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Monday June 17, 2024

SBP withdraws restrictions: Banks no more require permission before import transactions

The SBP announced that it would no longer require banks to obtain prior authorisation before initiating some import transactions

By Erum Zaidi
December 28, 2022
The SBP building in Karachi. The SBP website.
The SBP building in Karachi. The SBP website. 

KARACHI: The State Bank of Pakistan (SBP) on Tuesday announced that it would no longer require banks to obtain prior authorisation before initiating some import transactions.

Additionally, the SBP has asked the banks to prioritise and facilitate imports of essential items, energy, agricultural inputs, imports from industries with a focus on exports, and imports with deferred payment.

Analysts said the SBP’s latest move won’t make any material change as the situation of dollar availability is still the same. It would be a mere transition from formal restriction to informal restriction. The foreign reserves held by the central bank have fallen to $6.1 billion as of December 16. The reserves are enough to cover only five weeks of imports.

“The SBP has eliminated this restriction, but it has also made sure that the authorised dealer or bank will give priority to imports of goods related to food, energy and exports,” said Tahir Abbas, the head of research at Arif Habib Limited. “Before beginning import deals, banks would also check the market’s position for dollar liquidity. As a result, we anticipate that the system will remain unchanged from where it is right now,” Tahir added.

“To finance a higher current account deficit, we lack the foreign reserves. Global trade organisations like the World Trade Organisation, which oppose import bans and support free trade principles, are the rationale for lifting such restrictions,” he said.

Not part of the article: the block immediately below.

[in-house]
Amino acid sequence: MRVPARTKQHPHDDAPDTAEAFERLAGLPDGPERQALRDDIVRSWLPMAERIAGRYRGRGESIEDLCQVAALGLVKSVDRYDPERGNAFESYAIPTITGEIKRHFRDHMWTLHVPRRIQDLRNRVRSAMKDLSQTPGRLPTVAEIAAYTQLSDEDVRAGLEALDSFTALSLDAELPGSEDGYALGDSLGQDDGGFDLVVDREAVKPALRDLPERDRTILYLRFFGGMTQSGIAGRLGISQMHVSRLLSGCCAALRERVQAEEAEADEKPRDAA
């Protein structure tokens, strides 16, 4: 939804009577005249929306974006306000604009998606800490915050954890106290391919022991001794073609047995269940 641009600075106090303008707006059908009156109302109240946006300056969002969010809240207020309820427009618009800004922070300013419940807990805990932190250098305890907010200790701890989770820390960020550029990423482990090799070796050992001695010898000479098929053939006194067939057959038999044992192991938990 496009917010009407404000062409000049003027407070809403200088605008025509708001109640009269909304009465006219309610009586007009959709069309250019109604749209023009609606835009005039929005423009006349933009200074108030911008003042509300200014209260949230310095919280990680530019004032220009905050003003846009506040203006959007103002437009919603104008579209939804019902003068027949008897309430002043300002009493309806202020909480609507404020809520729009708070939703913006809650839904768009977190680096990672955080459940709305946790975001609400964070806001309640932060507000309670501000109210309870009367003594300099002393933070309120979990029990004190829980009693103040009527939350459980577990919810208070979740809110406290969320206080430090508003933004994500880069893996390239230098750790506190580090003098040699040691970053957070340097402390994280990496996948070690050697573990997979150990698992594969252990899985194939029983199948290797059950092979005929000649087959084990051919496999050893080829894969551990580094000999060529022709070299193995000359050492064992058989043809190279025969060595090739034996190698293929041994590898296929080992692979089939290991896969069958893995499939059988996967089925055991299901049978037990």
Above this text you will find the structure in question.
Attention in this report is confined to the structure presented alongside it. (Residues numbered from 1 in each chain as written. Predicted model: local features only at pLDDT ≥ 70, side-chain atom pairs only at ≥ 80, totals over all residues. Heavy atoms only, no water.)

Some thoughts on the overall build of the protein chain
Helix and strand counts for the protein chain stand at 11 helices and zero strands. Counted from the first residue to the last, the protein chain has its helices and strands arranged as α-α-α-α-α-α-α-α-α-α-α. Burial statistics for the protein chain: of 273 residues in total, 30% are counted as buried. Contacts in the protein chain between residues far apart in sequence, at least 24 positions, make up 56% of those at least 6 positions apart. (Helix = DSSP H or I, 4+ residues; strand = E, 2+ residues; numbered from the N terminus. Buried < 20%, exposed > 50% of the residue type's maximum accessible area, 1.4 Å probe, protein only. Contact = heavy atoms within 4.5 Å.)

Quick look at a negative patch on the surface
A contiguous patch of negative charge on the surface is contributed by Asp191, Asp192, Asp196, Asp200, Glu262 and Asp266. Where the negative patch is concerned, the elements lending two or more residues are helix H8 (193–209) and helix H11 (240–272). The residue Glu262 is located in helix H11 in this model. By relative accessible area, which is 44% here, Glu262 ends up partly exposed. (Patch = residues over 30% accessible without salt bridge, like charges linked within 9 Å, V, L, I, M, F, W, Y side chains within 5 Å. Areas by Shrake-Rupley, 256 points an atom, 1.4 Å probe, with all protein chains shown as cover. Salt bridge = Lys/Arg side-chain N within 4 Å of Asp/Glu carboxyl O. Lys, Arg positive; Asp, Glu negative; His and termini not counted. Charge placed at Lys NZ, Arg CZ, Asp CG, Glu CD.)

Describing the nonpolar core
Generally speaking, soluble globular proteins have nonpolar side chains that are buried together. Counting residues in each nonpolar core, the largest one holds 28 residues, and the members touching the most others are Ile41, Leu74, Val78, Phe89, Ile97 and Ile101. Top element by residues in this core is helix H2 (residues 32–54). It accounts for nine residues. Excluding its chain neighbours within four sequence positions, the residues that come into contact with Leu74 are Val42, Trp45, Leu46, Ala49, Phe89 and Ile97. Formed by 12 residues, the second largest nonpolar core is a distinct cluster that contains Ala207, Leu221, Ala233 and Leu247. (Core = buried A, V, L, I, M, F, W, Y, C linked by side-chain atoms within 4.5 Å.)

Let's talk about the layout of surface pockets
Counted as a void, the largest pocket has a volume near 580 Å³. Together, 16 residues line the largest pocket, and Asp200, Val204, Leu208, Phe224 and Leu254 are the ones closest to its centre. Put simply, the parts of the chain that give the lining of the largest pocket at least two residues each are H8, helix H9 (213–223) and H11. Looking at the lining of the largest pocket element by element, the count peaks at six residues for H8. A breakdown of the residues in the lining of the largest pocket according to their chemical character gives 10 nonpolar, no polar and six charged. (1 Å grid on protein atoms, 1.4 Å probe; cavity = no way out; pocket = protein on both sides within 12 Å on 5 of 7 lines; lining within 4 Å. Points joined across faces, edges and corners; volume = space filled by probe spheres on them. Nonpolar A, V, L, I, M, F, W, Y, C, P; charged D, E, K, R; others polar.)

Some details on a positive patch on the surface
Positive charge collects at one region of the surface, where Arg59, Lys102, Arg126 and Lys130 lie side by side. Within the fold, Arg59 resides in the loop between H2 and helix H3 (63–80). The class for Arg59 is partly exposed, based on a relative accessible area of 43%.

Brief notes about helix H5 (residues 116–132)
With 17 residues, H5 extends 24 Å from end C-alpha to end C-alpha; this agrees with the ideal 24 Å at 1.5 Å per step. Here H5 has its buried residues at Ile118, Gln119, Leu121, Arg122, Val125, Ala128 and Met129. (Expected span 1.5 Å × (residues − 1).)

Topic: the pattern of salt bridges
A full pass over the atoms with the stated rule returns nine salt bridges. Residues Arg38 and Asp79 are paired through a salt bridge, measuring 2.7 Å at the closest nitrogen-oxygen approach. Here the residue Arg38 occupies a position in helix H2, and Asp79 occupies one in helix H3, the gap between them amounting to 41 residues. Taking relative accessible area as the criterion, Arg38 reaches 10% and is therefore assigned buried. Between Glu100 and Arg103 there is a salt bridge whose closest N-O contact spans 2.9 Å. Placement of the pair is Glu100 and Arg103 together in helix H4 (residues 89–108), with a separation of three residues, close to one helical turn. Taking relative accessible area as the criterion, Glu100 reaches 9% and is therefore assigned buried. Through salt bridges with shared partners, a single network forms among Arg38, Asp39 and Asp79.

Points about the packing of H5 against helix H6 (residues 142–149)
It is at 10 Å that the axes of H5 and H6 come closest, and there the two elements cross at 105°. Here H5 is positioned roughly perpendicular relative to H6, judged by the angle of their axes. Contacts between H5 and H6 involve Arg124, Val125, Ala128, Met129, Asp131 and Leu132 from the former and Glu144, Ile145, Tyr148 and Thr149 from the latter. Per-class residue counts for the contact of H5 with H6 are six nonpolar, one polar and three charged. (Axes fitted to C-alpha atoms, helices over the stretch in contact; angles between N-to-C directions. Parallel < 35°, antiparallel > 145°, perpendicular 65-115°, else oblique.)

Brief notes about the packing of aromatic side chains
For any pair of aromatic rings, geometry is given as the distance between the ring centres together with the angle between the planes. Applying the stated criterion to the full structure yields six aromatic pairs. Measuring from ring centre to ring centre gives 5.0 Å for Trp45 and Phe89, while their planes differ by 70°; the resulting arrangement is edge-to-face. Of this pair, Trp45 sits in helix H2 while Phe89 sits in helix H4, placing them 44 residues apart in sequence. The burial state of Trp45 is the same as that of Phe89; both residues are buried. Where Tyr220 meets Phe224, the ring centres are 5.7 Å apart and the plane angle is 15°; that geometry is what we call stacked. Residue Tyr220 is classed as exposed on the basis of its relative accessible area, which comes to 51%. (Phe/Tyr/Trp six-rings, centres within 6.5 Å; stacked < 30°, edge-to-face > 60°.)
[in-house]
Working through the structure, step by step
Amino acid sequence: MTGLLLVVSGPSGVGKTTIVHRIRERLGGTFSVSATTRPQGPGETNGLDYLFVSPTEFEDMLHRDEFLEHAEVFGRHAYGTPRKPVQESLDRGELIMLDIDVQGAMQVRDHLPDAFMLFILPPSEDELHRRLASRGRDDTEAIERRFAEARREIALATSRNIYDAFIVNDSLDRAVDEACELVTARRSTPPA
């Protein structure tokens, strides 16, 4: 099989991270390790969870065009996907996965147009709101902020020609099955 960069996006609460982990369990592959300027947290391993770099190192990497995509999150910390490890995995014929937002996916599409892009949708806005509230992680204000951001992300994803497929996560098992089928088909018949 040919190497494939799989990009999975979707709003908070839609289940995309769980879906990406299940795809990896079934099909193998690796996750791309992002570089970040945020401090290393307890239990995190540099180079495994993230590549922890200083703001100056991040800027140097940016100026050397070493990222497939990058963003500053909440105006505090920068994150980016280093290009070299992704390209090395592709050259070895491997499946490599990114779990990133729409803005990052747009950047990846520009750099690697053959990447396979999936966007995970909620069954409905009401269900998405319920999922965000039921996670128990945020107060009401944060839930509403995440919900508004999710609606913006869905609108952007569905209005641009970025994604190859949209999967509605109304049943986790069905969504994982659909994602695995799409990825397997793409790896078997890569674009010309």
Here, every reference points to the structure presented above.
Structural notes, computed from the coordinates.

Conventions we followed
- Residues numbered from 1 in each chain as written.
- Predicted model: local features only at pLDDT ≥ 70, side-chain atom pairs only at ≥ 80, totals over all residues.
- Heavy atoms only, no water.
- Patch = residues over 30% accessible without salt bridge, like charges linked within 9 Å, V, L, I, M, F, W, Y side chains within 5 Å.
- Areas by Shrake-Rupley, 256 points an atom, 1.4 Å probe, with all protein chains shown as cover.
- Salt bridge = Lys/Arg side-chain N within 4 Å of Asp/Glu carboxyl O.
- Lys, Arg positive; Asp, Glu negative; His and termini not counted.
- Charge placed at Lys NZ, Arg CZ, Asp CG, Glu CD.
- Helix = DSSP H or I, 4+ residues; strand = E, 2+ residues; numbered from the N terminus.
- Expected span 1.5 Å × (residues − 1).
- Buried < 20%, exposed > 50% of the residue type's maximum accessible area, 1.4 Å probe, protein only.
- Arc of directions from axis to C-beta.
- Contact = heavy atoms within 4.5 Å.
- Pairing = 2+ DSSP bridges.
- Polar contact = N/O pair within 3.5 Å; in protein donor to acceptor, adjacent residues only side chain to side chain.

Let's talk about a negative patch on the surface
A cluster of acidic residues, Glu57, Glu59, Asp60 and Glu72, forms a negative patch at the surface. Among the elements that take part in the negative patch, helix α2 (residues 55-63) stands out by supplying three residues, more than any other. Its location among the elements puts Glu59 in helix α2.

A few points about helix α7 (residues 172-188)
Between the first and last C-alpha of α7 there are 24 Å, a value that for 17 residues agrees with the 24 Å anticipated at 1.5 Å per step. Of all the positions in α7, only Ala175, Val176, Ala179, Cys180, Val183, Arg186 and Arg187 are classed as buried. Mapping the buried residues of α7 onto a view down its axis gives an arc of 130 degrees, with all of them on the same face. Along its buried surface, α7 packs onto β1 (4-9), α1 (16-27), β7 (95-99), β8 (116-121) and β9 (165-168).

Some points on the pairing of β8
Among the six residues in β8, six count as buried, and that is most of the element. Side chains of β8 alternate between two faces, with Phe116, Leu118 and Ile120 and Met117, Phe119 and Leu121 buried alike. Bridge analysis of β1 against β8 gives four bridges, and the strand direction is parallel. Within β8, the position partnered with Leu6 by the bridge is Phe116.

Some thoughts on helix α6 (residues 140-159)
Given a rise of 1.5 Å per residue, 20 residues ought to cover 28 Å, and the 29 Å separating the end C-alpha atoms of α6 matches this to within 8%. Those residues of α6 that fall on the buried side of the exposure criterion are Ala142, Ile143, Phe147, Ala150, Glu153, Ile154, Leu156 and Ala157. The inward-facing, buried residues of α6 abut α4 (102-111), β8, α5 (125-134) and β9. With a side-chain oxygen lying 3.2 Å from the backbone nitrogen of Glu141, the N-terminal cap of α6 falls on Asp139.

To conserve eroding foreign exchange reserves and ease pressure on the currency, the SBP imposed some restrictions on imports in May and July of this year and instructed the banks to request authorisation in advance from the Foreign Exchange Operations Department, SBP Banking Services Corporation (BSC), before beginning transactions for the import of a number of goods related to HS Code Chapters 84, 85, and some items of Chapter 87. These chapters include electric power generation equipment, electrical equipment, mobile phones (CKD) and automobiles (CKD). “It has now been decided to withdraw the above instructions with effect from January 2, 2023. Consequently, requests for import transactions already submitted to SBP-BSC pertaining to above referred HS Codes stand returned to the authorised dealers [banks] for appropriate disposal at their end,” the SBP said in a circular.

Imports related to food (wheat, edible oil, etc.) and pharmaceutical (raw materials, life-saving/critical medicines, surgical instruments including stents, etc.) are considered to be essential, according to the SBP. Energy imports comprising the petroleum group (oil and gas) and coal (for power projects based upon merit order of Ministry of Energy), it added. Seed, fertiliser, and pesticide imports are needed as agricultural inputs. “ADs may actively engage with all their customers to process their requests, keeping in view the customers’ risk profile and liquidity conditions prevailing in the foreign exchange market,” the SBP said.

Pakistan’s leading automakers stopped production due to a shortage of raw materials. Import limitations hurt the clearance of import shipments, which influenced the inventories of automakers.